Trauma can wreak havoc on our body’s balance of neurotransmitters and hormones. A healthy diet uniquely suited to your body is one amazing way to restore vitality, heal the impact of trauma by nourishing the body, and increase your sense of wellbeing. Our bodies supply neurotransmitters such as serotonin to our brains from the food we eat. For instance, in the case of serotonin we can eat protein which contains amino acids such as tryptophan. Tryptophan is converted (with the help of certain B vitamins) into 5-HTP where it is then converted into serotonin.
Serotonin helps with regulating our moods, appetites, and sleep. By eating foods high in tryptophan such as shrimp, salmon, halibut, squash, bananas, etc, you can boost your mood, regulate your appetite, and improve your sleep! I highly recommend a book called, “The Mood Cure,” by Julia Ross. In her extremely intelligent book, she lists categories of neurotransmitters and their corresponding amino acids with dietary recommendations/supplements for improving your mood and recovering from biochemical imbalance (often brought on by trauma). We can use food as medicine! It’s amazing!
5. E.F.T. – Emotional Freedom Technique
For over 5,000 years Chinese medicine has recognized the complex energy circuits that travel through the body (called meridians). In EFT, the same meridian points used in acupuncture and acupressure are applied via “tapping” with your fingers throughout different meridian points along your body. In this way, applying this tapping technique stimulates and breaks up stagnant energy where the trauma is held. And because trauma is stored in the body, this is a great way to provide relief.
In my own personal experience after multiple traumas, I would experience severe panic attack-like symptoms which would last for hours at a time. The fear was so excruciating that I couldn’t sleep, would have extremely painful physiological/emotional symptoms, and would stay awake for hours experiencing what I called “terror.” Then one night during a terror episode I decided to try EFT. I proceeded to tap on the prescribed tapping points while voicing affirmations such as, “I am safe in my body” over and over again. After a few minutes I got to a point in the center of my chest and I was absolutely blown away by what happened.
I felt an actual physical movement in my heart center as I was tapping and repeating my positive affirmations. It felt as if something moved abruptly and flew out of me! It was very bizarre, and even more weird considering I wasn’t even sure if a silly exercise like EFT would work for something so extreme in the first place. So that night I had my first breakthrough, after years of suffering. The terror feeling left me, and although it wasn’t resolved completely in the long term, it was a huge step towards my healing. So I highly recommend watching YouTube videos on EFT or just experimenting yourself for any symptoms of PTSD you might be experiencing. Make up positive affirmations suited to you and your condition. You will heal!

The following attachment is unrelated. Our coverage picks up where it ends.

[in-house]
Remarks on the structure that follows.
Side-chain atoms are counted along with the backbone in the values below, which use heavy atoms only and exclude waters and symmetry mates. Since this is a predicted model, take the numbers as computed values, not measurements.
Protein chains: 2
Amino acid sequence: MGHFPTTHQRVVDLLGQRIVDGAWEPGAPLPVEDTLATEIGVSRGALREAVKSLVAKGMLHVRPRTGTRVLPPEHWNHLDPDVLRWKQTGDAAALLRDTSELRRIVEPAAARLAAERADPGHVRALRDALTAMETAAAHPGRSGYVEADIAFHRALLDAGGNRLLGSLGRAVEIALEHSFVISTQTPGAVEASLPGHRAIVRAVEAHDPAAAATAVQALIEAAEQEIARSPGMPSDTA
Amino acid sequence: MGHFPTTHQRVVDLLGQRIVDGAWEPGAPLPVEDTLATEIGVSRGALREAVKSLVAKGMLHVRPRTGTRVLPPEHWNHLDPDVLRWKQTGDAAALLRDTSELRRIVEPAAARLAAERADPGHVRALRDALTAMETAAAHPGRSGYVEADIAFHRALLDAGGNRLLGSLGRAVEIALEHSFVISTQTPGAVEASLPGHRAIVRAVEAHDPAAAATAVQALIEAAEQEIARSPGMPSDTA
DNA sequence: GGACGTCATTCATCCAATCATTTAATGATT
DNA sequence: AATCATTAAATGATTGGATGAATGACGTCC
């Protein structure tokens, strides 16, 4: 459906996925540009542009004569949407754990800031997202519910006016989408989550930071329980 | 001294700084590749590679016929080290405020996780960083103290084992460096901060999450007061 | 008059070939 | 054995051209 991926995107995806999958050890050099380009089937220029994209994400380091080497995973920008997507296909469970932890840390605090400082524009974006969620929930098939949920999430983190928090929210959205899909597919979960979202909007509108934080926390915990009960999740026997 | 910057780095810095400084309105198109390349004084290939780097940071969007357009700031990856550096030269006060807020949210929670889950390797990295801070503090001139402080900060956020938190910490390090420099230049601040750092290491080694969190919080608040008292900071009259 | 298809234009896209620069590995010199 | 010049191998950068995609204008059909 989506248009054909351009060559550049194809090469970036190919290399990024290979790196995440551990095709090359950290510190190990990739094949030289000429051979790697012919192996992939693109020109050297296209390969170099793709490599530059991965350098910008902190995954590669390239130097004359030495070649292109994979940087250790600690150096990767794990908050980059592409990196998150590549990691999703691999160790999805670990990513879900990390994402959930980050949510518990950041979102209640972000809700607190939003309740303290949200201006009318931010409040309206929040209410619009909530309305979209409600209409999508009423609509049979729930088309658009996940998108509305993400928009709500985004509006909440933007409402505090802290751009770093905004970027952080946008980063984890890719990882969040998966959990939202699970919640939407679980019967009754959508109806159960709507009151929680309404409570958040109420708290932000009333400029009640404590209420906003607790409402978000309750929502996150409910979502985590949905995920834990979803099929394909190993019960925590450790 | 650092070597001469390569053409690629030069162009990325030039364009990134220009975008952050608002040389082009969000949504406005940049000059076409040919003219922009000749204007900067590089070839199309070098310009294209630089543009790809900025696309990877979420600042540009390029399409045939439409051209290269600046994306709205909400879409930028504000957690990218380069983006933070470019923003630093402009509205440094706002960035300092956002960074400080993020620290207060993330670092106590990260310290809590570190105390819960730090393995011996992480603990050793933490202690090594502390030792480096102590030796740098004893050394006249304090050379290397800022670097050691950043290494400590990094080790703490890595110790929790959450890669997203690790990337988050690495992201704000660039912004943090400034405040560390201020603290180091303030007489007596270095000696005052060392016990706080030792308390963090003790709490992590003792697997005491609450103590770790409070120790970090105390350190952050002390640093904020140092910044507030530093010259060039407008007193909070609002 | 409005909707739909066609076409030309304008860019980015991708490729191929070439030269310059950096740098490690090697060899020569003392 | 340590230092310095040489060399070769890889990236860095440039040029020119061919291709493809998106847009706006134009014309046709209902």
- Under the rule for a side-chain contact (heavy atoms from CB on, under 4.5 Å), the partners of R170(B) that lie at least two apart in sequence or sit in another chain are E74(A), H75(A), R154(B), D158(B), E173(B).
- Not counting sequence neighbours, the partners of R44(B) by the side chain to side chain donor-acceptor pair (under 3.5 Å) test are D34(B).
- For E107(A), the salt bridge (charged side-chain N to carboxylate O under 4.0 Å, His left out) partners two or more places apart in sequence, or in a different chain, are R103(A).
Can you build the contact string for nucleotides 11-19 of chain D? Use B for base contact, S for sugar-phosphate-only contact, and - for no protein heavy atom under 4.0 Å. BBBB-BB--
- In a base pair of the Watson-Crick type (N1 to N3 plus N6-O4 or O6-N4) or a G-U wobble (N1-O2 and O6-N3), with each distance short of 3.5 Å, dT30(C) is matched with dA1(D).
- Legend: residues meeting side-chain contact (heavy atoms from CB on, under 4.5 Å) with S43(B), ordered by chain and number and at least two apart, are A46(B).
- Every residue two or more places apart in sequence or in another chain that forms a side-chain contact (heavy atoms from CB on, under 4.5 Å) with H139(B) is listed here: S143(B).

In my own journey, all of the above methods were simply incredible and I wouldn’t have survived had I not experienced them. However, I realized that I needed some extra help in various forms of medicinal allies, like herbs, amino acid supplements, and even pharmaceuticals. I personally believe in integrative medicine that combines the vast knowledge of the West and the immense wisdom of the East. All medicinal modalities serve the purpose of promoting optimal functioning, wholeness, and health. Together, they are unstoppable as an integrated team of medicinal potency! As always, speak to your doctor before making any changes to your current medication or before incorporating supplements into your regimen.
For symptoms of anxiety, panic, restlessness, or irritation, herbs like passionflower, lemon balm, valerian, skullcap, California poppy, and chamomile (amongst others) may be helpful in relieving those painful after effects of trauma. Amino acid supplements such as GABA or 5-HTP may also be of great benefit. As for pharmaceuticals, SSRIs or low-dose benzodiazepines have been shown to be highly effective (albeit a potentially dangerous last resort which I recommend using only in extreme cases).
There are many options for medicinal treatment available for PTSD. I encourage you to begin seeing a reputable Licensed Professional Therapist or Psychologist for Cognitive Behavioral Therapy, Systematic Desensitization, Mindfulness meditation, and other therapeutic techniques that can enhance your quality of life and help you overcome the after effects of trauma. Also, speak to a local Certified Herbalist or Naturopathic Doctor. There are a vast array of professionals that can help you! Just know that healing takes time, but you will get better!!!